SALT LAKE CITY — Launching into early January in Utah, temperatures are plunging and the air has turned frigid. As great of a sign as this may be for ski season and water for the state come summer, everyone needs to prepare for the present dangers of cold weather.
A car-friendly state, Utahns are occasionally stranded in their vehicles during cold weather due to engine problems, lack of gas or getting lost. Rich Woodruff of the Utah and Nevada region of the American Red Cross recommends some things to do when stranded in cold weather:
- Tie something brightly colored to the antenna as a signal to rescuers, like a cloth or bandana.
- Move anything you might find yourself needing from the trunk into the passenger area of the vehicle.
- Cover your entire body, including your head. Utilize extra clothing, blankets or newspapers to help keep yourself as warm and protected as possible.
- Don’t go to sleep. Sleeping makes you more vulnerable to cold-related health problems.
- Keep the motor (and heater) running for about 10 minutes each hour, opening one window slightly to let air flow in the car. Keep snow from blocking the exhaust pipe — this will help prevent carbon monoxide poisoning, according to State Farm.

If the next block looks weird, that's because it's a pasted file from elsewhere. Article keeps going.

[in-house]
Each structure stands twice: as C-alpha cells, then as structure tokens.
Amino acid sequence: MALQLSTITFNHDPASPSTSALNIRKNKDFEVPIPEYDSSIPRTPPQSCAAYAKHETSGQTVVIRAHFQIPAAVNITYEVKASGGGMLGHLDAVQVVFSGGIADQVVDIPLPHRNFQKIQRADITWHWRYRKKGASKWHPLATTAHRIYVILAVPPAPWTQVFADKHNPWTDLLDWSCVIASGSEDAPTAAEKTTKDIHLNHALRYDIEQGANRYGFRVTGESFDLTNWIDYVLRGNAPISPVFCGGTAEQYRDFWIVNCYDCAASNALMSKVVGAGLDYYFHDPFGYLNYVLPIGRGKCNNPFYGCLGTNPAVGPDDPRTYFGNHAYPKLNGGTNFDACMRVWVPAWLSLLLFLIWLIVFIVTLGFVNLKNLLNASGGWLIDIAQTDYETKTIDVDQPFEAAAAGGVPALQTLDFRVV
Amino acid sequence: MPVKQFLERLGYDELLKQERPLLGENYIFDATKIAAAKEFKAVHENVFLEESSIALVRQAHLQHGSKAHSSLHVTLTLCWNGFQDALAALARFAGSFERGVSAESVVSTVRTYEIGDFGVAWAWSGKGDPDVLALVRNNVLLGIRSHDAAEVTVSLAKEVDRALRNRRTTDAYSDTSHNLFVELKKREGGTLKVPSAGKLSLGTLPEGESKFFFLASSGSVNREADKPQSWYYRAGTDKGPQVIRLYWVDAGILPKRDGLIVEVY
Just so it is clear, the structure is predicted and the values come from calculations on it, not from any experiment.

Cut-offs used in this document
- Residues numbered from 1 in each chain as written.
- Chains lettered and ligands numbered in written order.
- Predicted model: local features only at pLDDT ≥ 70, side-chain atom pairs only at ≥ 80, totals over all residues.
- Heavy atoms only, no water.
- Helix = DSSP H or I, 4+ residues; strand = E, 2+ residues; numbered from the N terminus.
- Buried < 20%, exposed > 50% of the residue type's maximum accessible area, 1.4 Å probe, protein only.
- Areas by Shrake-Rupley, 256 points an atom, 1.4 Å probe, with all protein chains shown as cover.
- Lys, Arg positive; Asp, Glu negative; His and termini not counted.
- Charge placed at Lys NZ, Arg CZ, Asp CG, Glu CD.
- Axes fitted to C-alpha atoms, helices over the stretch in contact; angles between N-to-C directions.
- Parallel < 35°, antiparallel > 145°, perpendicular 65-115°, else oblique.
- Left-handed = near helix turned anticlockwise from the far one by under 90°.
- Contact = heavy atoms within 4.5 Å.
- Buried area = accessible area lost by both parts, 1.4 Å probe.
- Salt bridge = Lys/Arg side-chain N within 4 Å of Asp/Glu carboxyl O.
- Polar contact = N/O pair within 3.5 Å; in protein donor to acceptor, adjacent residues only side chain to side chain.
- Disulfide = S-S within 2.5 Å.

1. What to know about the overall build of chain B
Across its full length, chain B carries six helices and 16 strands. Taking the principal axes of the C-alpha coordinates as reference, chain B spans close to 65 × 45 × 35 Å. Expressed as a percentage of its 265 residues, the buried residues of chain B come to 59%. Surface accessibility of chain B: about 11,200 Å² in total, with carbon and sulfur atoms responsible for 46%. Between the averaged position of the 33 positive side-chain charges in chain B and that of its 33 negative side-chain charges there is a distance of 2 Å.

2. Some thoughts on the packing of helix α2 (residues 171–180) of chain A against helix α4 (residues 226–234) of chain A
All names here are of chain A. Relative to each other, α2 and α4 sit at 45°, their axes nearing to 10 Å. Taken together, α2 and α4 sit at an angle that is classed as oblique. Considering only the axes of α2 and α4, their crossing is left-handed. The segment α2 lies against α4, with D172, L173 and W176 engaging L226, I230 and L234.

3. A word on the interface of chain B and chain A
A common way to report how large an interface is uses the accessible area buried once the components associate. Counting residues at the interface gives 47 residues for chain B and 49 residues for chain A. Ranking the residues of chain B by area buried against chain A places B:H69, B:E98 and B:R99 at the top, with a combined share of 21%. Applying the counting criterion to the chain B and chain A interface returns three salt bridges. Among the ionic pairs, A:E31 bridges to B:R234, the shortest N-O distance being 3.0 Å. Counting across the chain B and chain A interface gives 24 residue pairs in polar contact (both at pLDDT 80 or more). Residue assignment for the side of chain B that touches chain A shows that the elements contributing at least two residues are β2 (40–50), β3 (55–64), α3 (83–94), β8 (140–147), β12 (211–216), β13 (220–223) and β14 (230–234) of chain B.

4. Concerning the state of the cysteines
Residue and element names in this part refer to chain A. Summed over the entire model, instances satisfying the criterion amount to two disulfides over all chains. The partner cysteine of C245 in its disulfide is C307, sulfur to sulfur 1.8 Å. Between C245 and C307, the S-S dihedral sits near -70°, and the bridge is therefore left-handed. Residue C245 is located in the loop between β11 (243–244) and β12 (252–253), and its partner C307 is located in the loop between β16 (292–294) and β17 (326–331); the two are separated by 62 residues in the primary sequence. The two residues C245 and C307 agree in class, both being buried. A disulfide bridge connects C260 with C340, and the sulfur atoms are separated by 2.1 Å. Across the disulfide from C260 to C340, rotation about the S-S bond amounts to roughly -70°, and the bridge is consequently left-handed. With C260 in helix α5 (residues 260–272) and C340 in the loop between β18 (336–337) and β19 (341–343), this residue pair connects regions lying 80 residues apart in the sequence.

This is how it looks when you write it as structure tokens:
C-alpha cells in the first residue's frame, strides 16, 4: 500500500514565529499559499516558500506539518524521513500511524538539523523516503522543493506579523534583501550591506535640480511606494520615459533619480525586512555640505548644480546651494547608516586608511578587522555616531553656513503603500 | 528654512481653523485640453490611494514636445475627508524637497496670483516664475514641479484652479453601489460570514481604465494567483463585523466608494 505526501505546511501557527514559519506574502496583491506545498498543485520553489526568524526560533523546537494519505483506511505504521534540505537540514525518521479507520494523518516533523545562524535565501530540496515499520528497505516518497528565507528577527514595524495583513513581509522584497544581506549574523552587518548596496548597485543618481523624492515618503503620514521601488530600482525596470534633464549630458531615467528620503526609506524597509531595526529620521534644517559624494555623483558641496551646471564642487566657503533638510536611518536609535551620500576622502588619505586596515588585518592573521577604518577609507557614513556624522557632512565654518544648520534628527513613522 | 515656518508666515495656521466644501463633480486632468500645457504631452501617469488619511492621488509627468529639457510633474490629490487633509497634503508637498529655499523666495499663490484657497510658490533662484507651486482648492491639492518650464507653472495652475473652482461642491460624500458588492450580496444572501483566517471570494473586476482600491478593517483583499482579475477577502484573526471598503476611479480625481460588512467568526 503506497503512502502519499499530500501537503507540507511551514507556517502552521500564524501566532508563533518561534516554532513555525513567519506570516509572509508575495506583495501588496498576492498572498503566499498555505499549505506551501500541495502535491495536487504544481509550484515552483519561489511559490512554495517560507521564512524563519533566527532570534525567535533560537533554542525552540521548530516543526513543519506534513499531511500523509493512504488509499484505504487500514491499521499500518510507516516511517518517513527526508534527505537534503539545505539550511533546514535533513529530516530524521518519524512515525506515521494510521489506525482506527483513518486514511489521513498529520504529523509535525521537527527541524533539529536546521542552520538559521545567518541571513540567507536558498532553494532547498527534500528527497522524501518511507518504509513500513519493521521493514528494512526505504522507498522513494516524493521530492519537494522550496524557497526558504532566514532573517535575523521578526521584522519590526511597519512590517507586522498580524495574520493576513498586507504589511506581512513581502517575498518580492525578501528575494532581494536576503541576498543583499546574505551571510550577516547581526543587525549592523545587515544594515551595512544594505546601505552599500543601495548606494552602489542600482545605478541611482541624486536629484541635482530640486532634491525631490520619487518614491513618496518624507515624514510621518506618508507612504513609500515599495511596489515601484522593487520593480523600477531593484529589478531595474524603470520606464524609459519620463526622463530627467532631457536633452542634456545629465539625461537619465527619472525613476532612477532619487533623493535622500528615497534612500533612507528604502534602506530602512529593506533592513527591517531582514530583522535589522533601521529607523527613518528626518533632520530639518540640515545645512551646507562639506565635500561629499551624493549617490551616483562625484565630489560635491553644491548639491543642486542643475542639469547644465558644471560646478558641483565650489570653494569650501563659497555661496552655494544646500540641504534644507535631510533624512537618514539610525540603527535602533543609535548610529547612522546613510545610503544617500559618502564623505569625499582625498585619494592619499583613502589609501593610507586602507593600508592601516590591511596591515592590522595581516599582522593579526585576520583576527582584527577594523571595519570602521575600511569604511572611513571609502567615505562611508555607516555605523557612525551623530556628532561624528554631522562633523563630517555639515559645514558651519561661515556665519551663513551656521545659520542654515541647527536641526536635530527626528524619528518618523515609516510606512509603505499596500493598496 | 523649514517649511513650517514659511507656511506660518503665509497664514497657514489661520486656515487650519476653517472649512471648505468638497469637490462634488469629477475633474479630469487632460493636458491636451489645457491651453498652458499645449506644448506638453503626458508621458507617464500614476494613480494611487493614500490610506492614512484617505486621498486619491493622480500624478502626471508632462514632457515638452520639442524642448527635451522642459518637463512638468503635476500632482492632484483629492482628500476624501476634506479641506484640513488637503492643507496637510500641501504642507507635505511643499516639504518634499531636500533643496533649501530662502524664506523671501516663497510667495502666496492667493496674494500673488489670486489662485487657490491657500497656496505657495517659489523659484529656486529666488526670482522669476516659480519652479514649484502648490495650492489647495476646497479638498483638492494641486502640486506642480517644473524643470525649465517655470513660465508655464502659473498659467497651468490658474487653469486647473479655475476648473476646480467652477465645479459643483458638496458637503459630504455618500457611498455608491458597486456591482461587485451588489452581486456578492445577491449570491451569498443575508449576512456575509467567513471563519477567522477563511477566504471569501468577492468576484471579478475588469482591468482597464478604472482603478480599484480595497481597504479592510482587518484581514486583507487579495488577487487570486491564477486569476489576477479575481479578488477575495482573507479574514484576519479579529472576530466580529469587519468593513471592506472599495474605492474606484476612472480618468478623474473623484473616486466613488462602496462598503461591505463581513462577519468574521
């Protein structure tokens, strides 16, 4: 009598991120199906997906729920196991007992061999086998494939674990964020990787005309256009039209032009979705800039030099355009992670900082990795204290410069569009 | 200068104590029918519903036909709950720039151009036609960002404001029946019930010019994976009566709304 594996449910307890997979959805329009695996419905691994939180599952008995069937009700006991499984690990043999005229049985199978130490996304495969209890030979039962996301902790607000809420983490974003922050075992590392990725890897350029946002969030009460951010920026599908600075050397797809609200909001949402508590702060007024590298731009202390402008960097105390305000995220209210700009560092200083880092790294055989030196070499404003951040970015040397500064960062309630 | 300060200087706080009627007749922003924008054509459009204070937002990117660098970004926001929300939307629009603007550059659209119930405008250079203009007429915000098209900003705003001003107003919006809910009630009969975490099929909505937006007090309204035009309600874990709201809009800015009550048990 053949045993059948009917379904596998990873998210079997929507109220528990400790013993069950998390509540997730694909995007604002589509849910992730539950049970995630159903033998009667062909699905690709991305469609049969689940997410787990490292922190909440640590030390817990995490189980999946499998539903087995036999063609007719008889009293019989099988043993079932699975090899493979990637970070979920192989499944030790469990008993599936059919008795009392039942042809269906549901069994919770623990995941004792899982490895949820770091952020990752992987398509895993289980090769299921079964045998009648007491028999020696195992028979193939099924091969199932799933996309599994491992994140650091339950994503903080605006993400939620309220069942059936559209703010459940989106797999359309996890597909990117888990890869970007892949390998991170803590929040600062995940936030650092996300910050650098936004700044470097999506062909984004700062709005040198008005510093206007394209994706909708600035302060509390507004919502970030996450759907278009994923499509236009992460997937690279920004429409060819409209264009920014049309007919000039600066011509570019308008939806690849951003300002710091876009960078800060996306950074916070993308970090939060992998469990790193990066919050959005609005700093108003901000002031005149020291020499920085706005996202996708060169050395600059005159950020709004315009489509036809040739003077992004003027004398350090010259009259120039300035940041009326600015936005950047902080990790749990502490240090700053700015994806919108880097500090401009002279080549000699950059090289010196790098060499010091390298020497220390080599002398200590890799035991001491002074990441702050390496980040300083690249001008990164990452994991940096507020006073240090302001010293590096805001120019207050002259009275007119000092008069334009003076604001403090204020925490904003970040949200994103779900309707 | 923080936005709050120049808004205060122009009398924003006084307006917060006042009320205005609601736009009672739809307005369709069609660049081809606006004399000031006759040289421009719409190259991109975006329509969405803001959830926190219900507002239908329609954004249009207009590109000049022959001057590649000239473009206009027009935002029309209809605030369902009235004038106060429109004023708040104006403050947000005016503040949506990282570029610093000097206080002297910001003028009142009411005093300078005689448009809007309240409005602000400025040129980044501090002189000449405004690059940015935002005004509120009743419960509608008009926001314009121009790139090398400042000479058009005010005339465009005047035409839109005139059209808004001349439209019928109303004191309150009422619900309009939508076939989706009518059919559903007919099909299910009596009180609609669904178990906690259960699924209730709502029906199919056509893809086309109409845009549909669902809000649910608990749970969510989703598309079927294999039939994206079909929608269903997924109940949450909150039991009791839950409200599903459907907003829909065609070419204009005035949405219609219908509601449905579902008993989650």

- Keep moving your arms and legs as you sit to improve your circulation and stay warmer.
- Do not eat unmelted snow, it will lower your overall body temperature. Try warming it and letting it melt fully first.
- Don’t ignore shivering. It's an important first sign that the body is losing heat. Persistent shivering is a signal to return indoors, or take action to warm yourself up.
- Drink water and stay hydrated, dehydration can make you more susceptible to the cold.
If you notice signs of hypothermia, seek medical treatment immediately. If none is available, the victim should be warmed as soon as possible. Remove any wet clothing and try to warm the center of the body first (like the chest, neck, head, and groin). Skin to skin contact under dry, loose sheets and blankets will be effective at warming them, according to WebMD.
Warm beverages may help increase body temperature, but don’t give them alcoholic beverages. Once they have warmed up, keep them wrapped up in blankets and make sure their head and neck remain covered as well. Someone with severe hypothermia might be unconscious and not have a pulse, in which case CPR should be given as they can often be successfully resuscitated. For more about treating hypothermia visit the Mayo Clinic.
As soon as help or cellphone services becomes available, get anyone who might be injured or affected by the cold to medical care as soon as possible.